• Ben Stokes holds a kite that landed on the field, Afghanistan v England, World T20 2016, Group 1, Delhi, March 23, 2016 © Associated Press

  • Eoin Morgan hands Ben Stokes a kite that landed on the field, Afghanistan v England, World T20 2016, Group 1, Delhi, March 23, 2016 © Associated Press

  • Mohammad Nabi ran Joe Root out for 12, Afghanistan v England, World T20 2016, Group 1, Delhi, March 23, 2016 © Getty Images

  • Eoin Morgan is disappointed after being bowled for a golden duck, Afghanistan v England, World T20 2016, Group 1, Delhi, March 23, 2016 © Associated Press

  • Joe Root reacts after being run out for 12, Afghanistan v England, World T20 2016, Group 1, Delhi, March 23, 2016 © Getty Images

  • Ben Stokes can’t believe his luck after being castled, Afghanistan v England, World T20 2016, Group 1, Delhi, March 23, 2016 © Getty Images

  • Mohammad Nabi uproots the stumps to catch Joe Root short of his crease, Afghanistan v England, World T20 2016, Group 1, Delhi, March 23, 2016 © Getty Images

  • Jason Roy is cleaned up by Amir Hamza, Afghanistan v England, World T20 2016, Group 1, Delhi, March 23, 2016 © Getty Images

  • A general view of the RP Mehra Block at the Feroz Shah Kotla, which remains shut, Afghanistan v England, World T20 2016, Group 1, Delhi, March 23, 2016 © Getty Images

Gayle’s 47-ball ton wipes out England

Chris Gayle, at 36, knows that he could be playing his last World Twenty20 and, judging by the manner in which he pulverised England at the Wankhede, he intends to go out in style. England’s bowlers began the night fretting about the dew, and ended it drenched to the skin by the sight of Gayle raining sixes into the sky.

Nobody has hit as many sixes in a World T20 innings as the 11 that Gayle despatched in Mumbai, breaking his own record of 10 against South Africa in Johannesburg in 2007 – his only previous T20I hundred. Seven flew down the ground, the other four further along the leg-side arc and apart from a leap from Joe Root in a failed attempt to intercept the one that brought up his 50, all England’s fielders could do was watch.

Gayle’s sauntering savagery presented West Indies with a six-wicket win with 11 balls to spare. He started his celebration a few runs early, bringing out an air-punching routine on reaching his hundred to send the crowd into raptures. From 47 balls, it was the fastest ever at a World T20 and third-fastest overall.

Brendon McCullum, freshly retired, began the night as the leading six-hitter in T20Is. By the end of it, Gayle had passed him by a considerable distance. His involvement in Australia’s Big Bash had been tarnished by criticism for his manner in an on-field interview: perhaps he had retribution in mind.

England, having set a par score of 182 for the Wankhede, will conclude it was just one of those nights, but their bowling line-up had looked flaky in the final stages of a bilateral series in South Africa and they had little answer to Gayle. Moeen Ali was in the eye of the storm, conceding 33 from 14 balls, including three sixes in a row, all of them in his favourite area down the ground, two of them on the full.

India, the tournament favourites, had already been toppled on a dry pitch in Nagpur by an unsung trio of New Zealand spinners. No country has won the World T20 more than once, but it will be West Indies who will have the sharpest sense after this victory that they have the wherewithal to take the trophy a second time.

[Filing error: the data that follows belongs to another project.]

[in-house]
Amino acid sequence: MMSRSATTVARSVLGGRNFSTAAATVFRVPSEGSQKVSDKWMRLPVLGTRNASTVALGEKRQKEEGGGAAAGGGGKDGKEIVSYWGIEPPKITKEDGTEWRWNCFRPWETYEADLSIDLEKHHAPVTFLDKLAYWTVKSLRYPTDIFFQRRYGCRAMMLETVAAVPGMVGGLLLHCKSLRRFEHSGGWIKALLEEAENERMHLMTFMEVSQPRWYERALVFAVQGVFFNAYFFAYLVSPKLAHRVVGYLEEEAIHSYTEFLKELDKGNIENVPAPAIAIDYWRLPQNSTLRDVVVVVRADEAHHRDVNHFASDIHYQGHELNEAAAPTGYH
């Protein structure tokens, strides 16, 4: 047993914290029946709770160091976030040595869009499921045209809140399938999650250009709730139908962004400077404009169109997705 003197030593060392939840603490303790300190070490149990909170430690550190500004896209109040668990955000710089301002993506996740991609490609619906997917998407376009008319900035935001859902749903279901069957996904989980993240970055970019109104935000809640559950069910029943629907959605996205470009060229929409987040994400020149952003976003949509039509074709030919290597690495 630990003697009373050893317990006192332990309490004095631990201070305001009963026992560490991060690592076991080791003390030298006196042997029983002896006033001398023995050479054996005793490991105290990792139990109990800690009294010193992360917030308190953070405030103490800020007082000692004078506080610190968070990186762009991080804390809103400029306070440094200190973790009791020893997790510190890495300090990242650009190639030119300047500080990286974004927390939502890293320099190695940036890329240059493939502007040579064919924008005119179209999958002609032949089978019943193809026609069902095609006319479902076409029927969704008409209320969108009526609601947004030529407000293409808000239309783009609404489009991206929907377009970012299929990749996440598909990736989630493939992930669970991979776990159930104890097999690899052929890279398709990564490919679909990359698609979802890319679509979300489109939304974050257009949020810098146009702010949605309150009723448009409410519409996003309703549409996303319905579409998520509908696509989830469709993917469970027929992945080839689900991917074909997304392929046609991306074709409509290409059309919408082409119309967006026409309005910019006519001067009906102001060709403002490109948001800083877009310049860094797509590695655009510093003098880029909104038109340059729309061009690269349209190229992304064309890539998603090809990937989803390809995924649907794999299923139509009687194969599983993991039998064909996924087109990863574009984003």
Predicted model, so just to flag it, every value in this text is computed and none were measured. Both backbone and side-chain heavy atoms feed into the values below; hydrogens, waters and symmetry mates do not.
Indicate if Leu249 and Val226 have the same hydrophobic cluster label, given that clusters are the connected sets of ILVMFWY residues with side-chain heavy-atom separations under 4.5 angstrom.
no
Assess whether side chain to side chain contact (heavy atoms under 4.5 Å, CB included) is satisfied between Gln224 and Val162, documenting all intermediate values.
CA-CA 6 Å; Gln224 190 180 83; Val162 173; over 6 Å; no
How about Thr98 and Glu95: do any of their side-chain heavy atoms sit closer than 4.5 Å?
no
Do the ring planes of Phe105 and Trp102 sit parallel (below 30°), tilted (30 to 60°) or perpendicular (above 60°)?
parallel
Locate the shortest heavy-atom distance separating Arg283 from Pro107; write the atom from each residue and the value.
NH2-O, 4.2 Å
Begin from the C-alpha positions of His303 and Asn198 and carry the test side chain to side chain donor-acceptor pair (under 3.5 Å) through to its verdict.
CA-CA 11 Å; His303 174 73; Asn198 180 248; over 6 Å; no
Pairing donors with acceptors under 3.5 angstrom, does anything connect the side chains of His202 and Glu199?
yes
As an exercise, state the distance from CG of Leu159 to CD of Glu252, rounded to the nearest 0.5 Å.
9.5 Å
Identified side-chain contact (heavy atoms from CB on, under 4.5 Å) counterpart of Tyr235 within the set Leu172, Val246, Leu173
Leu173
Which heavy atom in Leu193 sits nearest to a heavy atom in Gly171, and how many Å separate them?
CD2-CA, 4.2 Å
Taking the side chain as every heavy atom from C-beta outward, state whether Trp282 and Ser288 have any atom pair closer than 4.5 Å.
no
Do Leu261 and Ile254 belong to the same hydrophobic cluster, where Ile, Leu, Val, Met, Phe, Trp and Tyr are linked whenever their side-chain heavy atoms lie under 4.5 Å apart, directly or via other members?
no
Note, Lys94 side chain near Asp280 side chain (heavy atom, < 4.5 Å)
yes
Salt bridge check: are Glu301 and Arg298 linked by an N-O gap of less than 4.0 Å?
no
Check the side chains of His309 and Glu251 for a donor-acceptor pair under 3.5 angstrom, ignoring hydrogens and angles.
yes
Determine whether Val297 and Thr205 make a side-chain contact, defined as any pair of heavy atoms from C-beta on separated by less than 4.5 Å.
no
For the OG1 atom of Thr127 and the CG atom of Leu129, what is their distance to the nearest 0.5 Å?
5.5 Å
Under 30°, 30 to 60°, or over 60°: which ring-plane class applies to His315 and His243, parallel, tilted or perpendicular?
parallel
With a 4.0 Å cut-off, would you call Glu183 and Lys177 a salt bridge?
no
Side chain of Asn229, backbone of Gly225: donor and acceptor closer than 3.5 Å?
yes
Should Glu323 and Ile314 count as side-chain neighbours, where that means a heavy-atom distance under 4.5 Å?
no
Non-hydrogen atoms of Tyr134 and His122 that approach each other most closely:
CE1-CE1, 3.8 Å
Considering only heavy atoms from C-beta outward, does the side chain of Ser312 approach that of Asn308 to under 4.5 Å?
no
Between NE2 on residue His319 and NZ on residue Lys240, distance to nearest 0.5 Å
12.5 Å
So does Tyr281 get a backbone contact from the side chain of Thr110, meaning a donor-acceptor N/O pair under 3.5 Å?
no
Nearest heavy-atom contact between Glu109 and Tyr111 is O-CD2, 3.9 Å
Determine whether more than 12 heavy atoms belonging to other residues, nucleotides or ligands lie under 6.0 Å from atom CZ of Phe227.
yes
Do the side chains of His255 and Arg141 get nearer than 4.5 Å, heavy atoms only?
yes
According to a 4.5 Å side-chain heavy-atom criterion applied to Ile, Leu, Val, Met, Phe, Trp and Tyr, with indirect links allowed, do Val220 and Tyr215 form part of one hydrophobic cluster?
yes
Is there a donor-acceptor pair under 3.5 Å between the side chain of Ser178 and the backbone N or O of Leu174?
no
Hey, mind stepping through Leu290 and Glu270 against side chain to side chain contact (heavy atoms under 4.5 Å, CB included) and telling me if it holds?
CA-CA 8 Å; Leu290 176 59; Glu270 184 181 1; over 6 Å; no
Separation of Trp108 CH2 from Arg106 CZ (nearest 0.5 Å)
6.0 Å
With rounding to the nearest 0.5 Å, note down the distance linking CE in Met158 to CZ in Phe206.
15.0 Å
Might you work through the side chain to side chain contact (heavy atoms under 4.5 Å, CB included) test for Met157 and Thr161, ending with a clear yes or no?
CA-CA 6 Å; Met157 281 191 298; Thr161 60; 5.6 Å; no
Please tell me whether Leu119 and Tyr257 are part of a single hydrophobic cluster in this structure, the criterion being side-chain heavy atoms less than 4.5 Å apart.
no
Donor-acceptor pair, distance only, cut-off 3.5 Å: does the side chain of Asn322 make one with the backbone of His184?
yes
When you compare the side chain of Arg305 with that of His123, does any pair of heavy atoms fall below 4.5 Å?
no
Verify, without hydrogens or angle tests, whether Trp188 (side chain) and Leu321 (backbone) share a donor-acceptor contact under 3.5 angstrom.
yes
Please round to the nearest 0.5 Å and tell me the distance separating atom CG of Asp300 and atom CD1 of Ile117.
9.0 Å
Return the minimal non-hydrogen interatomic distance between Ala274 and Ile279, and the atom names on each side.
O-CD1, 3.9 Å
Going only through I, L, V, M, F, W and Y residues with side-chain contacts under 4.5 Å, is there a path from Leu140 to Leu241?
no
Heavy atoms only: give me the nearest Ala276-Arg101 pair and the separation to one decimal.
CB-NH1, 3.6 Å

The night was wet enough for the authorities to decide that play should be held up midway through West Indies’ innings to allow machinery to dry the outfield and ensure an even contest, an uncommon intervention. At 85 for 2, West Indies were well in control and, having won the toss, would have been happy with as much dew on the outfield as they could get, but Gayle made such a debate an irrelevance. It was a wrecking-ball innings, an assault of brutal simplicity.

The first warning for England of trouble ahead came when Ben Stokes struggled to cope with the dew in his first over. England had more towels available than the average swimming pool, but Stokes conceded three fours and a free hit to Marlon Samuels in an over characterised by a full toss and a misfield. What dampness the dew wasn’t causing, the nerves were.

Gayle watched all this contentedly from the non-striker’s end, his eye already in after despatching two half-volleys for 10 in Reece Topley’s opening over. He faced only six balls in the first 32, but as destructive batsmen go, he likes to take a long, lingering look, and from what he could tell things were going extremely well.

Samuels holed out against Adil Rashid at long-on, his 37 from 27 having given West Indies the edge. It was time for Gayle to stir in the form of two successive sixes off Rashid, the first of them an 89 metre blow down the ground and into the top tier.

Others were less successful. Denesh Ramdin scratched and scraped to no effect and, although Reece Topley’s back-of-the-hand slower ball against Dwayne Bravo arrived as a thigh-high full toss, he planted it into the hands of deep midwicket. It was fortunate that full tosses were bringing wickets because England were bowling more of them than they would have liked.

Andre Russell stayed with Gayle as he claimed the contest in emphatic style. Rashid, regarded pre-tournament as a key England bowler, delivered only two overs – the dew doubtless a factor for Eoin Morgan, England’s captain.